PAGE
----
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Wednesday, Nov 14, 2018
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Are fantasy sports games harmless fun or end run around regulations?

You know those fantasy sports gaming sites that dangle the chance of a million-dollar payday? Play with your eyes open. If money is what you crave, you’d be better off answering the email from that prince in Nigeria who picked you out from among all the people in the world to receive untold riches.

People love it, though. You can’t turn on a TV any more without being hit with a commercial about how much fun people are having there.

According to state House Majority Leader Dana Young of Tampa, an estimated 3 million Floridians participate in sports fantasy games, mostly on FanDuel or DraftKings. That number may be inflated, maybe not. It’s undoubtedly safe to say, though, a lot of people like this stuff.

“People have been playing fantasy sports in Florida for as long as I can remember,” Young said. “I don’t see any reason why people shouldn’t have an opportunity to participate in that. I do support the right of people to play these fantasy sports games.”

Her voice is an important one on this issue. She has been heavily involved in regulating state gaming interests, including the Seminole Tribe casinos. If the Legislature decides to look into how these sites operate in Florida, she will be one of the leaders.

I should, in the interest of full disclosure, admit I joined a fantasy football league this fall for penny-ante stakes. My team, the MoJoe Men, isn’t very good. I’ll leave it at that. I have never tried FanDuel or DraftKings and probably won’t. I know my limitations.

On these sites, participants pay a fee then choose their roster of individual players. The game assigns a dollar amount to each player — Tom Brady, for instance, is worth more than Jameis Winston — and allows you a set amount to “spend” on a team. You juggle that amount while trying to choose a team you think will score the most points.

To cash in big, you may need to beat thousands of players participating in the same game. A trick is to find players who may not be well known but who you believe will score big. Those players are less likely to be drafted, giving your team a better chance to stand out.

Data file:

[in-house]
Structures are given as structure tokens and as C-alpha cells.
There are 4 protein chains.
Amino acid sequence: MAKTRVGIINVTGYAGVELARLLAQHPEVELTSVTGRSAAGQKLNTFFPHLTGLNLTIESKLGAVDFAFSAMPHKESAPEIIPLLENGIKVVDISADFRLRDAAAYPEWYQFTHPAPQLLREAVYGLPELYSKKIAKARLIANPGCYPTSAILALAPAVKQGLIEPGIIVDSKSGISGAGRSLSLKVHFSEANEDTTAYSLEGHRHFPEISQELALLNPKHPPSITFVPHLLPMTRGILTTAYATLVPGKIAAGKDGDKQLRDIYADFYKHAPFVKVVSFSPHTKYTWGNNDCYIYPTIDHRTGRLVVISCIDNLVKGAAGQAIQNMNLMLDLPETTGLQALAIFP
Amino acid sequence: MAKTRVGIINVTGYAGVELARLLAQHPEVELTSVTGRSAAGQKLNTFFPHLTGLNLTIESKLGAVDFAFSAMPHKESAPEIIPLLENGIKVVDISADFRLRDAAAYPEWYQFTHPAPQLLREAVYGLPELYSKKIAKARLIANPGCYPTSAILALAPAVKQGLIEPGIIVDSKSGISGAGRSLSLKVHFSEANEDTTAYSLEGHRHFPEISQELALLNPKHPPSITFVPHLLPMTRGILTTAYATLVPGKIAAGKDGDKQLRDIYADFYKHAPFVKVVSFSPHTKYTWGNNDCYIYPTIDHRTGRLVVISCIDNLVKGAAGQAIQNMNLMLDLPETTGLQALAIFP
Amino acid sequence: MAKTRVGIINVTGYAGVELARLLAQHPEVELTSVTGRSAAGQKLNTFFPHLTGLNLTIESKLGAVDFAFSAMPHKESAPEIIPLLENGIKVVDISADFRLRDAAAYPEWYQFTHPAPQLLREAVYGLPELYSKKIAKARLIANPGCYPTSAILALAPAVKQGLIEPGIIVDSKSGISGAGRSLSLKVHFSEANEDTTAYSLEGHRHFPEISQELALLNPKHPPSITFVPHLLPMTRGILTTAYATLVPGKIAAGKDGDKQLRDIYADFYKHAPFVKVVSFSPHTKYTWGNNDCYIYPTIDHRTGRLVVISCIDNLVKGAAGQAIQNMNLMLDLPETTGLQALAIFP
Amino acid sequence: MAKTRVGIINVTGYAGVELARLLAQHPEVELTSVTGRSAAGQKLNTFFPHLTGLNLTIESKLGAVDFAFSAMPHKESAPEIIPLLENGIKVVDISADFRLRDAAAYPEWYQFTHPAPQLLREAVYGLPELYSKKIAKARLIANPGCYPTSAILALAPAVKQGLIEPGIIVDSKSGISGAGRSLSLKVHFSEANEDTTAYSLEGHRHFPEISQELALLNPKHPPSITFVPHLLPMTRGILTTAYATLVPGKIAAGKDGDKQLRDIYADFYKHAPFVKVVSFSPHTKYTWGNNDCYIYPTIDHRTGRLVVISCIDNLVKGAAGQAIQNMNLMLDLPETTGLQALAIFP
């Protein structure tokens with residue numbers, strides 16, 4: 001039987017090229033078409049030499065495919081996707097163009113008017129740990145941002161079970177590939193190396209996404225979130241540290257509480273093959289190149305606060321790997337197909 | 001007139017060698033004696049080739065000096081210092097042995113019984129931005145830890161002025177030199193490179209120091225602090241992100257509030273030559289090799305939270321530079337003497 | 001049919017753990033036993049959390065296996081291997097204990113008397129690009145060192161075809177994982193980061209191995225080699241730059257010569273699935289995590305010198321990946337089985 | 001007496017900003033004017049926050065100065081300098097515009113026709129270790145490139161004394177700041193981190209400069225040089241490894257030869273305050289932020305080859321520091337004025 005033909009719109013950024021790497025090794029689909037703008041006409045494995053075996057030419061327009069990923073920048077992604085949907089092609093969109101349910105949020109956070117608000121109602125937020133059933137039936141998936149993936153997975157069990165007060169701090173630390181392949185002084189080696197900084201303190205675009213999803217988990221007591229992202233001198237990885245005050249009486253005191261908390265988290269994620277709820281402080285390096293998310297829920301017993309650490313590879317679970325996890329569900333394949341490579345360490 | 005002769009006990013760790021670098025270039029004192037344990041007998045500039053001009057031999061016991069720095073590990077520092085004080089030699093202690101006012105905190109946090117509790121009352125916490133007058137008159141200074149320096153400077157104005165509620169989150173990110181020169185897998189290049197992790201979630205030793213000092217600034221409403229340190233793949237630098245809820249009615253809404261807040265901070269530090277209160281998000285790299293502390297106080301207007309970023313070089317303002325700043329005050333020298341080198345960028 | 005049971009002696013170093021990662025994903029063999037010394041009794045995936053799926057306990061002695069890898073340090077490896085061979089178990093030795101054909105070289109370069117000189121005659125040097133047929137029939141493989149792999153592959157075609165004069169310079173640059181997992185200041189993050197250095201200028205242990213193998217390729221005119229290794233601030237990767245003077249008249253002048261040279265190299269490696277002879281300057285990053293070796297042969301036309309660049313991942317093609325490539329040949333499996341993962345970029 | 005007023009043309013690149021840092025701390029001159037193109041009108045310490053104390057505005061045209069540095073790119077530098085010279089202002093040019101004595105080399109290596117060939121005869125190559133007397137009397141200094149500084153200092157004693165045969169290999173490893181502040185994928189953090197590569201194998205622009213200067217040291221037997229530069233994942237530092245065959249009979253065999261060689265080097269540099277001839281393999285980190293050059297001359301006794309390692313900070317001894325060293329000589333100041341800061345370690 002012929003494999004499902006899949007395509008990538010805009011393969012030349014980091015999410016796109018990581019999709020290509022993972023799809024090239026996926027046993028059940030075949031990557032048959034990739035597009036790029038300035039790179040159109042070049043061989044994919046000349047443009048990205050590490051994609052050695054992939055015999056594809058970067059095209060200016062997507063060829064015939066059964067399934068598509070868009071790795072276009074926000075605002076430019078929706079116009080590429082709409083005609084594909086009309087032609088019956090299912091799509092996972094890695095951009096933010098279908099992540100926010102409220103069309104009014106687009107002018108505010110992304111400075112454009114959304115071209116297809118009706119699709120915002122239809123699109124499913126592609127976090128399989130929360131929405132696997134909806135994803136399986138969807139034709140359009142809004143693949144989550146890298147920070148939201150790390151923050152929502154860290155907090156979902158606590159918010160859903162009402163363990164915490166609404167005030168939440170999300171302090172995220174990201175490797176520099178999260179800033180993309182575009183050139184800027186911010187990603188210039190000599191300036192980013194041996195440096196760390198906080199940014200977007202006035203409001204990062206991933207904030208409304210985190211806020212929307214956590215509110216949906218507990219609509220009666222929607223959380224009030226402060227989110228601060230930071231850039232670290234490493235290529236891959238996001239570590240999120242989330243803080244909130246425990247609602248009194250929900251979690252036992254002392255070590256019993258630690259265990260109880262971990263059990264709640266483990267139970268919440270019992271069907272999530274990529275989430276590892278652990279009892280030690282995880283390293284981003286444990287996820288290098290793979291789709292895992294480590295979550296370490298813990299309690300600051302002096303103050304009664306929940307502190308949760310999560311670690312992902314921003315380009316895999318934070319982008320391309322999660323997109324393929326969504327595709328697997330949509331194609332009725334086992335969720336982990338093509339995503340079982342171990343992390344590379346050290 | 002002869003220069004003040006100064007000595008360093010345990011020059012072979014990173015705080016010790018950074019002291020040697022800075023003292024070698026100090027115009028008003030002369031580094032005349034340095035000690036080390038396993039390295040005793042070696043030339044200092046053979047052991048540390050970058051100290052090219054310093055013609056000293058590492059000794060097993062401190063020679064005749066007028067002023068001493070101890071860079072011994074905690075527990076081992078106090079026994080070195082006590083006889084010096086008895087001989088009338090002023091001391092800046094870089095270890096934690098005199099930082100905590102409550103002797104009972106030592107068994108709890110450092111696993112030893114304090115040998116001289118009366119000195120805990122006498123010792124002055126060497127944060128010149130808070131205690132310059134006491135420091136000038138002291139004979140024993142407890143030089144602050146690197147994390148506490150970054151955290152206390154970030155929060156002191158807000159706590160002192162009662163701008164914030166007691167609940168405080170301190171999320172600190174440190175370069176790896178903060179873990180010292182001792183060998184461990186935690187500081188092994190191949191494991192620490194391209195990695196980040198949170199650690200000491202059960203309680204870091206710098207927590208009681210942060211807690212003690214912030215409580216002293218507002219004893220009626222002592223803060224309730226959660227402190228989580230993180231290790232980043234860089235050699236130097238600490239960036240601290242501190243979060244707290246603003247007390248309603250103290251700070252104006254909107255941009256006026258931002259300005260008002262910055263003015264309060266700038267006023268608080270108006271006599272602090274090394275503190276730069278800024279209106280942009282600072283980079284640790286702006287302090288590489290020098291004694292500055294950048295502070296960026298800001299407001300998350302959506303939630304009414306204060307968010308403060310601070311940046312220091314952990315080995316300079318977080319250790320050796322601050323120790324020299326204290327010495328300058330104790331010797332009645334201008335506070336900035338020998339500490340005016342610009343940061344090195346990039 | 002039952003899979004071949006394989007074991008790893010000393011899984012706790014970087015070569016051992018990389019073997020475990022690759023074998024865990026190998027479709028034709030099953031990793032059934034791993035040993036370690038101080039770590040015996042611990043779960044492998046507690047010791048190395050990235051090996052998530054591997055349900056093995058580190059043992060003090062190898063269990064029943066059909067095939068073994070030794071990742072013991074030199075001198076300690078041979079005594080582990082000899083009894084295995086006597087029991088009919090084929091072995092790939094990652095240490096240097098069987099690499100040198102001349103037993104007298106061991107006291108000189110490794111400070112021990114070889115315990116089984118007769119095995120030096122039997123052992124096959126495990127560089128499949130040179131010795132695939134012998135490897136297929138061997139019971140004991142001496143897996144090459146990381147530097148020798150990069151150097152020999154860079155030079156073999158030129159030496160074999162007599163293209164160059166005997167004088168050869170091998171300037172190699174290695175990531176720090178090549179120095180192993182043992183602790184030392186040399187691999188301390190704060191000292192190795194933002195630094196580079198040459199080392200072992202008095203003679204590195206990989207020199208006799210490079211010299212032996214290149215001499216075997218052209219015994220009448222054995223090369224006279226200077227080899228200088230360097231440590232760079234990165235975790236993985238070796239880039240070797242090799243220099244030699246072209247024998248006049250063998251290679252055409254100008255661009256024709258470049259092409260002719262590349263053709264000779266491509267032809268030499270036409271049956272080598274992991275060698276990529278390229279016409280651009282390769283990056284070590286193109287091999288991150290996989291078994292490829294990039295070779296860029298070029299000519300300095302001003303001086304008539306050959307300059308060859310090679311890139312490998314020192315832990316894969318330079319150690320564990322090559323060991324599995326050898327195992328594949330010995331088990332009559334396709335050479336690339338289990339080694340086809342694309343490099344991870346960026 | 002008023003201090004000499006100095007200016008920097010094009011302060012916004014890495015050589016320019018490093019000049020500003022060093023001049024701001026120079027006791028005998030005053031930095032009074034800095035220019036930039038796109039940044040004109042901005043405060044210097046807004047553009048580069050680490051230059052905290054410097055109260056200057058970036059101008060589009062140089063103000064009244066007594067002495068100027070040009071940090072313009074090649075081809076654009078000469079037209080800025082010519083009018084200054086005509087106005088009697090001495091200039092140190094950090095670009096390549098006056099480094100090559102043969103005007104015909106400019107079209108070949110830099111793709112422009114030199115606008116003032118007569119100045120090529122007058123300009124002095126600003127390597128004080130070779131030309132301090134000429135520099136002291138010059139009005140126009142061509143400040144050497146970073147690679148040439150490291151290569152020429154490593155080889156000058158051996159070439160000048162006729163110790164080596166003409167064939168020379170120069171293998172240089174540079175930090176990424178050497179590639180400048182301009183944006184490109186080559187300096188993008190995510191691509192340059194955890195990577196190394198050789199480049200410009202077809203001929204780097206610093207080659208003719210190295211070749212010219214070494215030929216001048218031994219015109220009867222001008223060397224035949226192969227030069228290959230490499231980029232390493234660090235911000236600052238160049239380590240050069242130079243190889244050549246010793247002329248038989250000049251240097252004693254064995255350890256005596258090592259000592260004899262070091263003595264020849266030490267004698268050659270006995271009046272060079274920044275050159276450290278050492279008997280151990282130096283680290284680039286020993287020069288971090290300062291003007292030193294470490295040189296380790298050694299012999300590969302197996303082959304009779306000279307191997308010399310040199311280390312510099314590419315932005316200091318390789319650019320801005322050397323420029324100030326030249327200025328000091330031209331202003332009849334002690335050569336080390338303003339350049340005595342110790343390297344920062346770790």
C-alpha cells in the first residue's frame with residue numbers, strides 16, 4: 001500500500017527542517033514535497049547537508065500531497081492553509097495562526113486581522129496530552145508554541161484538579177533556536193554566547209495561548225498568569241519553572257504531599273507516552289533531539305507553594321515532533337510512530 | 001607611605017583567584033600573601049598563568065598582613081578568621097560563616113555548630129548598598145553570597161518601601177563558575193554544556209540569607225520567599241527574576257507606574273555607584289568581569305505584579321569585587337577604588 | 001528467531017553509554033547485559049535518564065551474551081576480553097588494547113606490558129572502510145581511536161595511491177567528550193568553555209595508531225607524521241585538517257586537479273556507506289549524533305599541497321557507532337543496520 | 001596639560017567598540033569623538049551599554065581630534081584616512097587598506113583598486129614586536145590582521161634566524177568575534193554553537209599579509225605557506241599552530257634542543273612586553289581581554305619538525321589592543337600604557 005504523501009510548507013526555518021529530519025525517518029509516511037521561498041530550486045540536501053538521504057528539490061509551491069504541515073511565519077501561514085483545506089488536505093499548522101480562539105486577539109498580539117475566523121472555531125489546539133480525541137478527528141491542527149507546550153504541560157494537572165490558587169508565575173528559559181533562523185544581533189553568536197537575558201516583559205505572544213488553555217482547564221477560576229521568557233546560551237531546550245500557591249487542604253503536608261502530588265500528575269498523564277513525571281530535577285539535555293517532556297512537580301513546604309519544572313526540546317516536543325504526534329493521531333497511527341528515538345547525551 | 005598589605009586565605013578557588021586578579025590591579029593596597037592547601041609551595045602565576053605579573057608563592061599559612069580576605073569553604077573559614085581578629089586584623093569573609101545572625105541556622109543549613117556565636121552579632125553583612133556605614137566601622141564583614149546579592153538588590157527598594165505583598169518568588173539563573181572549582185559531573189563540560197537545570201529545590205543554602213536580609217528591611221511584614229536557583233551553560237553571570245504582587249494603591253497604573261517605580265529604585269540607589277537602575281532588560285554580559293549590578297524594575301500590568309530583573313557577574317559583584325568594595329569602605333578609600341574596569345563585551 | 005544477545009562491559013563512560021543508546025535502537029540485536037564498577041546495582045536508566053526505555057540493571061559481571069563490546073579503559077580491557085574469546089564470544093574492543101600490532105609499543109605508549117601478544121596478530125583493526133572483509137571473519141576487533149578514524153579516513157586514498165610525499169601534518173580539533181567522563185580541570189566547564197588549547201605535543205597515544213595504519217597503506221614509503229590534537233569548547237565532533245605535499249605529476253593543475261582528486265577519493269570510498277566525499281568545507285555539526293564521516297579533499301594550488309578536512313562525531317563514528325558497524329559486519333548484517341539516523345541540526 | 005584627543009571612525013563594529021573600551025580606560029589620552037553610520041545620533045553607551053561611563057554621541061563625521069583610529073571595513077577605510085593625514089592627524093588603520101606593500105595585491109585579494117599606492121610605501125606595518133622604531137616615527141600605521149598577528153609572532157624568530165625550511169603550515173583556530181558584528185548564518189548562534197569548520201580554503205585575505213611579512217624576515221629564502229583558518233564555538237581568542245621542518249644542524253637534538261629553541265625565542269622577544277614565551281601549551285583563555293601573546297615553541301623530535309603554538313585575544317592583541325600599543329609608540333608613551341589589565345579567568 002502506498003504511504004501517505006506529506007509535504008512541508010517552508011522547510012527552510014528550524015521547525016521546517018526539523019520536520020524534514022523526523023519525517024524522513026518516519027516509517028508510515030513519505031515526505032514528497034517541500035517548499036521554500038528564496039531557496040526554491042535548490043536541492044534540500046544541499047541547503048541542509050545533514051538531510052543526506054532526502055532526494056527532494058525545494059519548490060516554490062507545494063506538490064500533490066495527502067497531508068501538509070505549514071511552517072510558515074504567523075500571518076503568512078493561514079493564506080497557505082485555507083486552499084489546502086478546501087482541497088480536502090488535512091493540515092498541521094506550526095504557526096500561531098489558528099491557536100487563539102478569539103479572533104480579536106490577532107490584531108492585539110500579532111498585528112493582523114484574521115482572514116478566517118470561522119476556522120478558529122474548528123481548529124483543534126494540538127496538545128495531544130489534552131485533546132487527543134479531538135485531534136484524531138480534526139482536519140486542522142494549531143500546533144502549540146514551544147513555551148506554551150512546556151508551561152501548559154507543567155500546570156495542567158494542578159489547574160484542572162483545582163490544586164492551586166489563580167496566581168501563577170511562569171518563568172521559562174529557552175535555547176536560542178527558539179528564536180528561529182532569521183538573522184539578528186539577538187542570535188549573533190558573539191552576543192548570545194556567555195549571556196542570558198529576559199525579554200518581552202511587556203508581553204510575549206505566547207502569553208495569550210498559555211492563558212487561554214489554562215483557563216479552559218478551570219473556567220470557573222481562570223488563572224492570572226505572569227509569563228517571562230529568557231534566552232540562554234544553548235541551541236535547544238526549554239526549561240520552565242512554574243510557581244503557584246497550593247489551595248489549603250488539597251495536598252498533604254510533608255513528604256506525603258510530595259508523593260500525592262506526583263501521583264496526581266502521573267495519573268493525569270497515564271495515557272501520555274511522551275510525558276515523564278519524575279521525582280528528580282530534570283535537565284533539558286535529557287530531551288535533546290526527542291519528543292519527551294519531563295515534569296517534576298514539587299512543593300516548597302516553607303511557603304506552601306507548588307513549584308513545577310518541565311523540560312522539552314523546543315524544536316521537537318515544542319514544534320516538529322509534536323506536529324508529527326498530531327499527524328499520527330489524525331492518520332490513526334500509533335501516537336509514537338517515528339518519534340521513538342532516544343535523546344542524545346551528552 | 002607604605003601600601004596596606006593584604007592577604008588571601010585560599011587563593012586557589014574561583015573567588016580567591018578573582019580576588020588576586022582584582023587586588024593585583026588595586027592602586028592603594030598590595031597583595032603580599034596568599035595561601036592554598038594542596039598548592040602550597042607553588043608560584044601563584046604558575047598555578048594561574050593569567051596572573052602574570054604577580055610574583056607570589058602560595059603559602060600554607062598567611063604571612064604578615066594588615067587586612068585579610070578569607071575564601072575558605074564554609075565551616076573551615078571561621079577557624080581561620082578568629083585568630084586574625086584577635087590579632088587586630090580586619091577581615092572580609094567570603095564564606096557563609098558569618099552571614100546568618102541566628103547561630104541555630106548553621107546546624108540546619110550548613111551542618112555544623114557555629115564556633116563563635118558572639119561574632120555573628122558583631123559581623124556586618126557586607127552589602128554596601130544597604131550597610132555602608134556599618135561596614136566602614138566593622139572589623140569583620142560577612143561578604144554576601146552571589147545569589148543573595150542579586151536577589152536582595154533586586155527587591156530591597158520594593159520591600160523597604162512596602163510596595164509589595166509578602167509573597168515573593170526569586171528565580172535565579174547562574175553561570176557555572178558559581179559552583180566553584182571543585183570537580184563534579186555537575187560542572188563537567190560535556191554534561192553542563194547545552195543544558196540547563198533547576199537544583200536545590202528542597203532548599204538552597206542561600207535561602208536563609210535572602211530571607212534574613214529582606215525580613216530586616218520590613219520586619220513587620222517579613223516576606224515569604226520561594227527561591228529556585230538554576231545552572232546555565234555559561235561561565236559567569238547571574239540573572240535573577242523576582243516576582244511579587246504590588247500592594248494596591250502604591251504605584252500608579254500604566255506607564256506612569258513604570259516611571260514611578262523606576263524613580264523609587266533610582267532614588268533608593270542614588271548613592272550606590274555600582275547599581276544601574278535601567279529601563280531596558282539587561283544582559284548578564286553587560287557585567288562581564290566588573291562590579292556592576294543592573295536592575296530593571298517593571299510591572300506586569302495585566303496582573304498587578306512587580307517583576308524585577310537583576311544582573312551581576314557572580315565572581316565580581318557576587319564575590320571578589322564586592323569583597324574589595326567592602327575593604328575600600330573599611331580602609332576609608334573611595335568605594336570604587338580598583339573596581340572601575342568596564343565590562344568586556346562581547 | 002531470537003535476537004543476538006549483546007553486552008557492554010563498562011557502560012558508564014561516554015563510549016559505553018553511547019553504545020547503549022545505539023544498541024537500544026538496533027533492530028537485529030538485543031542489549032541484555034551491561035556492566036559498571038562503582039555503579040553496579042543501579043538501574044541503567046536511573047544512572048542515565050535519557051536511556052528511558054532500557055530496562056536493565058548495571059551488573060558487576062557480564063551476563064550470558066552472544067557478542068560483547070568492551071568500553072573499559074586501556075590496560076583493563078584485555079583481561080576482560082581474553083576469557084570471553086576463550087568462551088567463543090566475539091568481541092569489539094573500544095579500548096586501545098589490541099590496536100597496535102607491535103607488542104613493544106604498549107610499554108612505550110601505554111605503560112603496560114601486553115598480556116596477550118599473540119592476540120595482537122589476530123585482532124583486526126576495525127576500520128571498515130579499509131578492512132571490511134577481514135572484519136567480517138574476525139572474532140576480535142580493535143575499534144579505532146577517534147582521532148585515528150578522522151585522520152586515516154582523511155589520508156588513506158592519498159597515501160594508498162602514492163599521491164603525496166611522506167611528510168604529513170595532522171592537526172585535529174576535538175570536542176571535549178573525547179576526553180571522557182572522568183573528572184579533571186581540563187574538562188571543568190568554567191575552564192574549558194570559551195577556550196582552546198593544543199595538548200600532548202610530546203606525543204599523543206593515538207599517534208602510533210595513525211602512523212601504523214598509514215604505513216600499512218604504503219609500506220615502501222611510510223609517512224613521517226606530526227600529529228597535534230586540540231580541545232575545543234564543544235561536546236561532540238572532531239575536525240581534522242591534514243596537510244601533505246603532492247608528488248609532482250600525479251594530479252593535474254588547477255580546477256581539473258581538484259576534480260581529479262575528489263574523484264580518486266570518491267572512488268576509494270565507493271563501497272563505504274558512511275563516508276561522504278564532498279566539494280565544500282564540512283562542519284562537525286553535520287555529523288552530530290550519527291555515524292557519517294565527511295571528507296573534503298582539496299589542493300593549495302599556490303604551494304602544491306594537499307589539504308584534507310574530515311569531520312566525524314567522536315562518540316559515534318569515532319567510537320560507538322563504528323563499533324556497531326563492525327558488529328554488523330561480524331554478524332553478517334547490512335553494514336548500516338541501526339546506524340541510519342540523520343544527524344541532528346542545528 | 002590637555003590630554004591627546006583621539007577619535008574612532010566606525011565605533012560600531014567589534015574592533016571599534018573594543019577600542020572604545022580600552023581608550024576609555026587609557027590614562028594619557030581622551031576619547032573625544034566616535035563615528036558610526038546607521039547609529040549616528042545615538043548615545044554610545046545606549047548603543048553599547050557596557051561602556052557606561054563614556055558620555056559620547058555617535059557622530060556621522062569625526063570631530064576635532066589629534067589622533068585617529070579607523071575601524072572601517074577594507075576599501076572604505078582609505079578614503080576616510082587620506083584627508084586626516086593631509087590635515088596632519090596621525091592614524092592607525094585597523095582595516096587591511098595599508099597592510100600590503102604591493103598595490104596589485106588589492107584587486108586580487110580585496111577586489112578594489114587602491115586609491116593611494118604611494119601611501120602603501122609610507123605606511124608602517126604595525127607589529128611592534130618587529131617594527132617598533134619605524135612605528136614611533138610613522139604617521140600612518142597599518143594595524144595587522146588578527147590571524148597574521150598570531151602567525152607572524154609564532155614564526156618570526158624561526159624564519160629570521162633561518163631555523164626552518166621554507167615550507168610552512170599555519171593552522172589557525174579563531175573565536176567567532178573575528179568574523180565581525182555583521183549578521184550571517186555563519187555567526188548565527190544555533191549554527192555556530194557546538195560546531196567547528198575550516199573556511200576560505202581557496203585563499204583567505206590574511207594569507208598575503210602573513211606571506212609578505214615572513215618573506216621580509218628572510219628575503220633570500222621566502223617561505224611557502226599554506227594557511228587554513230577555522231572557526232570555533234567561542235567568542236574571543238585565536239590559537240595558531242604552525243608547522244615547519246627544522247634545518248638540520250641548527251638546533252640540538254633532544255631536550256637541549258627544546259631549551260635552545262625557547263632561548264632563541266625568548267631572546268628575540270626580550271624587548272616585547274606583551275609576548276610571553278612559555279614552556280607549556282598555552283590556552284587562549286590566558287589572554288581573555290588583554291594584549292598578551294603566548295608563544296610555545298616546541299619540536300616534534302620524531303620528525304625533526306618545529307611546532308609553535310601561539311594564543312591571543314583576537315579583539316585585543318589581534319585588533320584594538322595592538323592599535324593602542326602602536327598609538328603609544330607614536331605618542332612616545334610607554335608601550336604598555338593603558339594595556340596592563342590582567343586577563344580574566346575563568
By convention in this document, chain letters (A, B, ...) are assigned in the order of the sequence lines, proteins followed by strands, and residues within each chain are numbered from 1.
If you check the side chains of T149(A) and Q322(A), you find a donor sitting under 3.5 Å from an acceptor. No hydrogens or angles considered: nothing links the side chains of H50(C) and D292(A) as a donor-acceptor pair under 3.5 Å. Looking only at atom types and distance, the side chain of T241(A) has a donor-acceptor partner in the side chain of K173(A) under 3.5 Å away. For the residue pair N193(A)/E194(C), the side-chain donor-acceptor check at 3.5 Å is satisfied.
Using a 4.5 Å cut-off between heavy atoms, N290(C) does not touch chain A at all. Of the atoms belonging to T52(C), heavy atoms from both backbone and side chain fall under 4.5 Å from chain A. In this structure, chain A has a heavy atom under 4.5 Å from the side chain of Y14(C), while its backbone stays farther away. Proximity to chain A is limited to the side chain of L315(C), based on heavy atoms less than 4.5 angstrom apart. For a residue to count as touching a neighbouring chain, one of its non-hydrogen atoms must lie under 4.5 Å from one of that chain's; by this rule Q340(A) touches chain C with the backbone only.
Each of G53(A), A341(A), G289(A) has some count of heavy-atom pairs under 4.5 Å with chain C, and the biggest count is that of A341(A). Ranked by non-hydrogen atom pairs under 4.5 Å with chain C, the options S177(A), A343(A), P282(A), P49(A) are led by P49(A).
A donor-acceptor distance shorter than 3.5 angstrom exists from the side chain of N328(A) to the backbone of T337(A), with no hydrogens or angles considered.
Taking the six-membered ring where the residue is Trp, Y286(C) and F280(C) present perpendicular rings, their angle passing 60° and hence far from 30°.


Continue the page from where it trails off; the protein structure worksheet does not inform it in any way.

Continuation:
Recently, an employee of DraftKings won $350,000 on FanDuel by using lineup information he gathered at his site. It gave him inside information on the lineup trends.

The stakes are high and somewhat contradictory.

Investors in DraftKings, for instance, include Major League Baseball, the National Hockey League and the Kraft Group — run by New England Patriots owner Robert Kraft. The National Basketball Association has a large ownership stake in FanDuel.

“Daily fantasy sports is functioning in a Wild West void within the legal structure. Like professional sports betting, fantasy sports should be legal, but both are currently operating in the shadows,” U.S. Rep. Frank Pallone, D-N.J., said in a recent statement.

Investing in these sites is an interesting gambit for the pro teams, considering their traditional opposition to sports betting where gamblers wager on the outcome of games. They get around it by the legal interpretation that fantasy sites offer games of skill instead of chance.

Gaming attorney Daniel Wallach of Fort Lauderdale tweeted last Friday that a federal grand jury is being convened in Tampa to investigate if these sites are violating the law. The court has not confirmed that.

It comes down to the question of whether fantasy sites are thinly disguised sports betting, with their owners doing an end run around gaming regulations throughout the country.

“I’m not going to say it’s sports betting,” Young said. “I won’t go that far. I think these games do provide a tremendous boost in fan engagement for our teams.”

The market is staggeringly large.

ESPN reported an estimated $95 billion will be wagered illegally this year on college and pro football. The network further claims that legalizing sports betting would produce as much annual revenue as the NFL currently does. That’s an estimated $12 billion if you’re keeping score.

Sports betting isn’t going away, though. It’s not legal in Florida (or nearly anywhere else), but there are plenty of websites willing to direct gamblers to offshore sites happy to take their money.

For now, these games provide a service a lot of people like and they will probably get bigger. Even if they were to be regulated out of existence, though, people will find a way around that. Like Young said, they always have. Most of the time it’s harmless fun.

If your aim is to get rich, though, put your money in solid investments and watch it grow. Your odds are better that way.

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